The history of these two hundred years is, at its base, the history of tension and dialectic between these two positions. It was an age marked by contrasts, paradoxes, and extremely significant personal crises. Authors who denounced the inadequacy of medieval science, which was founded on fossilized and superseded knowledge, became devoted penitents and adherents to religious tradition; the most intransigent kabbalists recognized the obscurity of their doctrine in the form in which it had been handed down, and tried to adapt it to the rationalism of contemporary science. Hebrew prose and poetry were transformed, while at the same time literary translations into Italian multiplied, and the use of Italian (the “national” and “modern” language) became increasingly frequent under the pen of many Jewish authors.

In sum, it was a time when many of the elements of the era of emancipation were being prepared, yet the richness of Jewish culture, its intellectual forms and its linguistic expression, was maintained; in other words, a time before the rapid abandonment of culture that resulted from the integration of a small minority into a much more populous society, leading to so-called “assimilation.”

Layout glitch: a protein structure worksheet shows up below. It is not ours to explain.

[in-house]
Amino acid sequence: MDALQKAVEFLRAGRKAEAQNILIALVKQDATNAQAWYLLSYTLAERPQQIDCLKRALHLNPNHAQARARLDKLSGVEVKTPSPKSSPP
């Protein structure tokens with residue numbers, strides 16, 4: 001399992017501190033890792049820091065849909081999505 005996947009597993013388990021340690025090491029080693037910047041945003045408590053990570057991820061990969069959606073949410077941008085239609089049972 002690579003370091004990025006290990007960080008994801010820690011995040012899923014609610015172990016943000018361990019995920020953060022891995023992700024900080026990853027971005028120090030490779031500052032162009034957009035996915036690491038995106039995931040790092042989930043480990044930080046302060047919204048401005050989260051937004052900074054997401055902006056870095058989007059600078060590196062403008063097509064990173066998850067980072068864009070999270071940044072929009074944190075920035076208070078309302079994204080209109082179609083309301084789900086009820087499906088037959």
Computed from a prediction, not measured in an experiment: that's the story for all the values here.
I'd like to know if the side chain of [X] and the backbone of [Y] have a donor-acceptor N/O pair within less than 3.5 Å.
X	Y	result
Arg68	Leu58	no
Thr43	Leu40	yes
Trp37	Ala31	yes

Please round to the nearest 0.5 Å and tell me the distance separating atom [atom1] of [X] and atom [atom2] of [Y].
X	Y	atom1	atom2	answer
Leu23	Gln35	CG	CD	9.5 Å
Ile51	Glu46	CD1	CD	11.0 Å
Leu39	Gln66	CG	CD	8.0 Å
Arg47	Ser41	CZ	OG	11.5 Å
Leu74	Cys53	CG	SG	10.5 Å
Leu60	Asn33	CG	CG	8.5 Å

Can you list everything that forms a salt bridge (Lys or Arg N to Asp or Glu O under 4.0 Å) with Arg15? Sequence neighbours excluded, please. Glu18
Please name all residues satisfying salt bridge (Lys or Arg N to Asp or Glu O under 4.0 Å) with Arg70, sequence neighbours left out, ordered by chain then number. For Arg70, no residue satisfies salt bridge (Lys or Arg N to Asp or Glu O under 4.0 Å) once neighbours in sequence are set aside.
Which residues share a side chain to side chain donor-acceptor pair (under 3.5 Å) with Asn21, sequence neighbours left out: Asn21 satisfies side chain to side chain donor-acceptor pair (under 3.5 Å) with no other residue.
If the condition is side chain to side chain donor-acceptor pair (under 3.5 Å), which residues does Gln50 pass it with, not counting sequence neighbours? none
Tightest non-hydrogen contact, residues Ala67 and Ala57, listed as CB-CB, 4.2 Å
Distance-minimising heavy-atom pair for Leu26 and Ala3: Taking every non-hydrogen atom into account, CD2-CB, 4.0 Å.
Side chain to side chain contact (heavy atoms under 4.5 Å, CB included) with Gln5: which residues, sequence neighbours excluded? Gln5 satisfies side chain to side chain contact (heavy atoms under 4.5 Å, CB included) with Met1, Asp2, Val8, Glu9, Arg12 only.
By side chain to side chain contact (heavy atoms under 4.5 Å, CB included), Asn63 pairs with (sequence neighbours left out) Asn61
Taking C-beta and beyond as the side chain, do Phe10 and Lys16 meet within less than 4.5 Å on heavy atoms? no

However, the common traits of this period became clear to me only in collecting and combining these essays—and perhaps even in the drafting of these present lines, which must serve as a general and unifying introduction.

A similar observation can be made regarding the topics and authors that I chose to study. It is not always easy for researchers to remember their first encounters with an author or a work, and the considerations (in that early stage, we usually rely on simple intuition) that led to the dedication of months or years of study.